How to Overcome Self-Doubt as a New Yoga Teacher
January 13, 2015

Beyond Asana: How to Choose a Yoga Teacher-Training Program

Consider the following six factors when choosing a yoga teacher training.

Yoga teacher trainings (YTTs) are a commitment, and the decision to choose a program can be daunting. Open any yoga magazine, enter a yoga studio, or browse online and you will find an overwhelming amount of information about teacher trainings. When choosing your program, consider the following:

1. Expectations

Are you looking to teach, deepen your practice, or simply gain a greater understanding of yoga? There is no wrong reason for taking a YTT program, but it is important to know why you are beginning this endeavor.

2. Style

As a yoga teacher, you give your students a part of yourself; and teaching what you love is the easiest way to be a transparent teacher.  Take training in the style you enjoy. There is no point in training in power yoga if you love restorative classes. Keep in mind some styles, such as Bikram or Iyengar, require you to train with a studio certified in that specific style.

3. Location

Do you have commitments that require you to stay home? Or will this be an opportunity to travel? These are important considerations. If you cannot leave your area, there is no point looking into the YTT in the Bahamas. On the other hand, if you want to go explore India, this a great place to start inquiring into YTT programs.

4. Time

Teacher-training programs vary in length. Some are held for a one-month intensive; some last six months to a year. If you cannot take time off from your weekday job, you will need to find a program that holds trainings on evenings and weekends. Most YTTs require students to attend all sessions. Be informed about the time commitments of a program.

5. Cost

Cost is a reality. Just as teacher trainings vary in length, they vary in price. Be realistic about how much you can spend. Sometimes students believe that once they become a yoga teacher, they will make a lot of money. Teaching yoga is a difficult way to earn a living with no guarantee you will make back the cost of your teacher-training course. If money is tight, ask if a program offers work trade, early bird discounts, or payment plans.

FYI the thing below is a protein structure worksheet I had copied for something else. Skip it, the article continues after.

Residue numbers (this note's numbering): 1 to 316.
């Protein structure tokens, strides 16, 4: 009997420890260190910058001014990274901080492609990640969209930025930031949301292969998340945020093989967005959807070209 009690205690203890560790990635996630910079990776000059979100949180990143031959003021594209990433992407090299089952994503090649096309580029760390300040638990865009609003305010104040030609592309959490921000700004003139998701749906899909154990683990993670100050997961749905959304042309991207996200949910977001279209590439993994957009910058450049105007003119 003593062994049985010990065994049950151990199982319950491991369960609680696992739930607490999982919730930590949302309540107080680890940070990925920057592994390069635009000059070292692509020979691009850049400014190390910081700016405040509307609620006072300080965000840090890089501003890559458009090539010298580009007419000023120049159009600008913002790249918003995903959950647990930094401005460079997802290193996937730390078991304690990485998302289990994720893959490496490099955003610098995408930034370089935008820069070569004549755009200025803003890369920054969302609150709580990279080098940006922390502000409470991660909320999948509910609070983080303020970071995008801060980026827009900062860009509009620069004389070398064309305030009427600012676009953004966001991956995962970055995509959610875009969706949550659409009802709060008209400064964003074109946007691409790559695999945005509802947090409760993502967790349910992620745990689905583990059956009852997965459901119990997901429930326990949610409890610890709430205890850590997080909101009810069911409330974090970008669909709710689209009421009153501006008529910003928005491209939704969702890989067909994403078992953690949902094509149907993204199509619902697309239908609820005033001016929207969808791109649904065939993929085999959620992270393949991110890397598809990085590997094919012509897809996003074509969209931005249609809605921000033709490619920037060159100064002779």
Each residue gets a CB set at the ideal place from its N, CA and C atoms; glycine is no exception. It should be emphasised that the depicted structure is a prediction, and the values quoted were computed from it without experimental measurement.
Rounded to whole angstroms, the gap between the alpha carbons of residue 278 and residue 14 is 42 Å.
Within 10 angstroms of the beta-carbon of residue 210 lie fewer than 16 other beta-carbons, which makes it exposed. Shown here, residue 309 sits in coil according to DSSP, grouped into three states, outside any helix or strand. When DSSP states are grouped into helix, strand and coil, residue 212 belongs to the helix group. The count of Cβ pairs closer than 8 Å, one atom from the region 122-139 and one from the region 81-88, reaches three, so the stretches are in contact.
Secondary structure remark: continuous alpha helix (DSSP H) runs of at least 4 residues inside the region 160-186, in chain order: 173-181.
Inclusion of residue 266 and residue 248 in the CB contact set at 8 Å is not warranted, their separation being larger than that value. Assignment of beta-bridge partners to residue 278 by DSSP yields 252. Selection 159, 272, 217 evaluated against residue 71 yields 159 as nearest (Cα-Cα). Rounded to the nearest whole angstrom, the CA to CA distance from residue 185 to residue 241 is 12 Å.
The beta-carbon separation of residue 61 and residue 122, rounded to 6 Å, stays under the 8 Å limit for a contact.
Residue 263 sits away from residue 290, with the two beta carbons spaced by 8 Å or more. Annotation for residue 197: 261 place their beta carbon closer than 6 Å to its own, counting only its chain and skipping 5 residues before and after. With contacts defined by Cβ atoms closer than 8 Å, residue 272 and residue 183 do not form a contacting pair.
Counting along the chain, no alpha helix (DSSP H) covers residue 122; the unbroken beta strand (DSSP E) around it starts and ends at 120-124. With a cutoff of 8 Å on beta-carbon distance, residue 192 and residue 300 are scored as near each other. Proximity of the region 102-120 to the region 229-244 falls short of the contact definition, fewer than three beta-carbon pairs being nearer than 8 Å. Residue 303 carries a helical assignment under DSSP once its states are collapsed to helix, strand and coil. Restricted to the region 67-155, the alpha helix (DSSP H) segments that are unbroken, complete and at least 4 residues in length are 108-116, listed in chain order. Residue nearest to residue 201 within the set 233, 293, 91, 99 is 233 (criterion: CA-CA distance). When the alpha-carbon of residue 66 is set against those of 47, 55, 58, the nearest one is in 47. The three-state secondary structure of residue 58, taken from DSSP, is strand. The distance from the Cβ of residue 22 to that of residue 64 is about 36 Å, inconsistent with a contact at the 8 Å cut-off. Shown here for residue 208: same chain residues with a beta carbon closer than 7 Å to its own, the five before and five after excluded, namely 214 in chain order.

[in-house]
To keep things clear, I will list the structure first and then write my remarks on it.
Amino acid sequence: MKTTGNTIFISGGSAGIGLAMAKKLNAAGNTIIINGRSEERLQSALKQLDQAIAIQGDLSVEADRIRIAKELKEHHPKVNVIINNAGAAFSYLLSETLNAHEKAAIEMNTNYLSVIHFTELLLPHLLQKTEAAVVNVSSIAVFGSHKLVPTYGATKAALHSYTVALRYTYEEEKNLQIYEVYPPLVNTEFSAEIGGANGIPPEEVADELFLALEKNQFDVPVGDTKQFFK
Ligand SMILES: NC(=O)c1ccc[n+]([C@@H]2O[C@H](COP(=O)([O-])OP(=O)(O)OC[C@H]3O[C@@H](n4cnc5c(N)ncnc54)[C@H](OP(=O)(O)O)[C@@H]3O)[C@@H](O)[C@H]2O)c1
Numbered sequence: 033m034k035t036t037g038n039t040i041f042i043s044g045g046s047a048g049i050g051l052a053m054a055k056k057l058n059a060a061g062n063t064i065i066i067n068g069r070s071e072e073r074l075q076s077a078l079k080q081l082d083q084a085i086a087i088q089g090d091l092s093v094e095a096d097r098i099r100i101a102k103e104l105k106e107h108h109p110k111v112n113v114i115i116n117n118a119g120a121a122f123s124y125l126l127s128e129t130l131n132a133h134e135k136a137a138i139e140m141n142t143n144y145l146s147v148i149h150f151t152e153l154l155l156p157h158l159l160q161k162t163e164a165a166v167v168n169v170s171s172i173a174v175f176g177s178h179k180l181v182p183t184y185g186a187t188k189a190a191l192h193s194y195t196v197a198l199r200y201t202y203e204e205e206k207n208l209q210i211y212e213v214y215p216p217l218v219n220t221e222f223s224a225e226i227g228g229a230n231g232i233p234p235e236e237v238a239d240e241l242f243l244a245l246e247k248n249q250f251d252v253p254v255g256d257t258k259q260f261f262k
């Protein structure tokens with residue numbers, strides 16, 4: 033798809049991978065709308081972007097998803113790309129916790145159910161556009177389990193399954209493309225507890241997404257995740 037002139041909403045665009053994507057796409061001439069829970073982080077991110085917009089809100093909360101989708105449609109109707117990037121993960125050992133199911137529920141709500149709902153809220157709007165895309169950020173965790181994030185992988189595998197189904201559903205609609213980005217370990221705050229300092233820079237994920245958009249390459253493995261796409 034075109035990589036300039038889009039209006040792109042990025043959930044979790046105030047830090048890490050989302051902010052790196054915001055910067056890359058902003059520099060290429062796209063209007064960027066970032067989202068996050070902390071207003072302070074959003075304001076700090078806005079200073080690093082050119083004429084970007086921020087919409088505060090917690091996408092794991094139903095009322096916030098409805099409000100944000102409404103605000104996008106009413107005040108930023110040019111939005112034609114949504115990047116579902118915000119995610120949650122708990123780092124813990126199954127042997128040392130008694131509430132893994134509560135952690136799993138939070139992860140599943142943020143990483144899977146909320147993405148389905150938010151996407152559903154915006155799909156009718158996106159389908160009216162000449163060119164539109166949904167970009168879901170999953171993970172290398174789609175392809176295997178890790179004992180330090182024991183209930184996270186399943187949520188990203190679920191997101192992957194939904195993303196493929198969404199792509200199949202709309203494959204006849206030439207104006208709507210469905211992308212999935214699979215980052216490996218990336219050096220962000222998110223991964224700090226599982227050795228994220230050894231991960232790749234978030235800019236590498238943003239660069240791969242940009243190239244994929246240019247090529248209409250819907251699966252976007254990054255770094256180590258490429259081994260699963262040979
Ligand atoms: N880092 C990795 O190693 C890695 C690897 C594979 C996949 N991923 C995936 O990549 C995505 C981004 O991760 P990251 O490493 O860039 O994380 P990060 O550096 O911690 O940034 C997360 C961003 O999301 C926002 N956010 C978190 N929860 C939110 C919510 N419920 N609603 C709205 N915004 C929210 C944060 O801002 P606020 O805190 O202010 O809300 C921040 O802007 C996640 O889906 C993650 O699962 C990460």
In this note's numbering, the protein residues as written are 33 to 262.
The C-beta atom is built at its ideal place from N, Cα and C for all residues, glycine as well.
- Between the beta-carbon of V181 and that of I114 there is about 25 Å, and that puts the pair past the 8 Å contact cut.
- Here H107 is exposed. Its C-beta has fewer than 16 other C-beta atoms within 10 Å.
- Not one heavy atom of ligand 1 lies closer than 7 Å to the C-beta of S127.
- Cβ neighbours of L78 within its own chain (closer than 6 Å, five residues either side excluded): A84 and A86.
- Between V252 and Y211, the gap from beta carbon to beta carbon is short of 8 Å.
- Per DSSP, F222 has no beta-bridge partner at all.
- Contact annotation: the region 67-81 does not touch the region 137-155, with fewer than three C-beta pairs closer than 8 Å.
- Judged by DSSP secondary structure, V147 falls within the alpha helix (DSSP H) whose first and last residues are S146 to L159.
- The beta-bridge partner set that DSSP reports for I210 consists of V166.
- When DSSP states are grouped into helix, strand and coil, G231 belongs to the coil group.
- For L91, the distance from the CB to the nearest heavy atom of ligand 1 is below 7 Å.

6. Certifications

Many studios will only hire teachers trained by a Yoga Alliance certified studio. Yoga Alliance sets the standards for yoga teachers and teacher training programs. If you want to be able to teach in a variety of places, be sure a program is Yoga Alliance certified.

When you find a program that interests you, talk to the graduates of the program. Take yoga classes from the teacher trainers. If you don’t like the teacher’s style, you may not enjoy the training.

Ultimately, follow you intuition. Teacher trainings are the tip of a rich iceberg. When you start your yoga teacher training, you embark on a lifelong journey. Yoga is a living art that will change and deepen as your interests and knowledge expands. Enjoy the journey.

Kimi Marin
Kimi Marin
Kimi Marin discovered yoga over a decade ago looking for an activity to complement running. Over time, yoga became a way of life. Kimi teaches yoga to help others find clarity in their mind, body, and spirit. She guides students through their practice by riding the waves of breath, continually aligning breath and body into a rhythmic flow of consciousness. Kimi has a master’s degree in literature, and loves to combine the power of stories with yoga. She often weaves the myths and stories about various poses into the class. Her transformative Yogic Lore workshops are a fun combination of stories, asana, meditation, and mantra. Kimi was featured in Origin Magazine’s Inspire Series, was the featured ambassador for Ahnu Footwear June 2013, and her writing has been published on several blog sites. When Kimi is not teaching or writing, she can be found playing in nature with her dog and husband. Learn more at http://kimimarinyoga.com/

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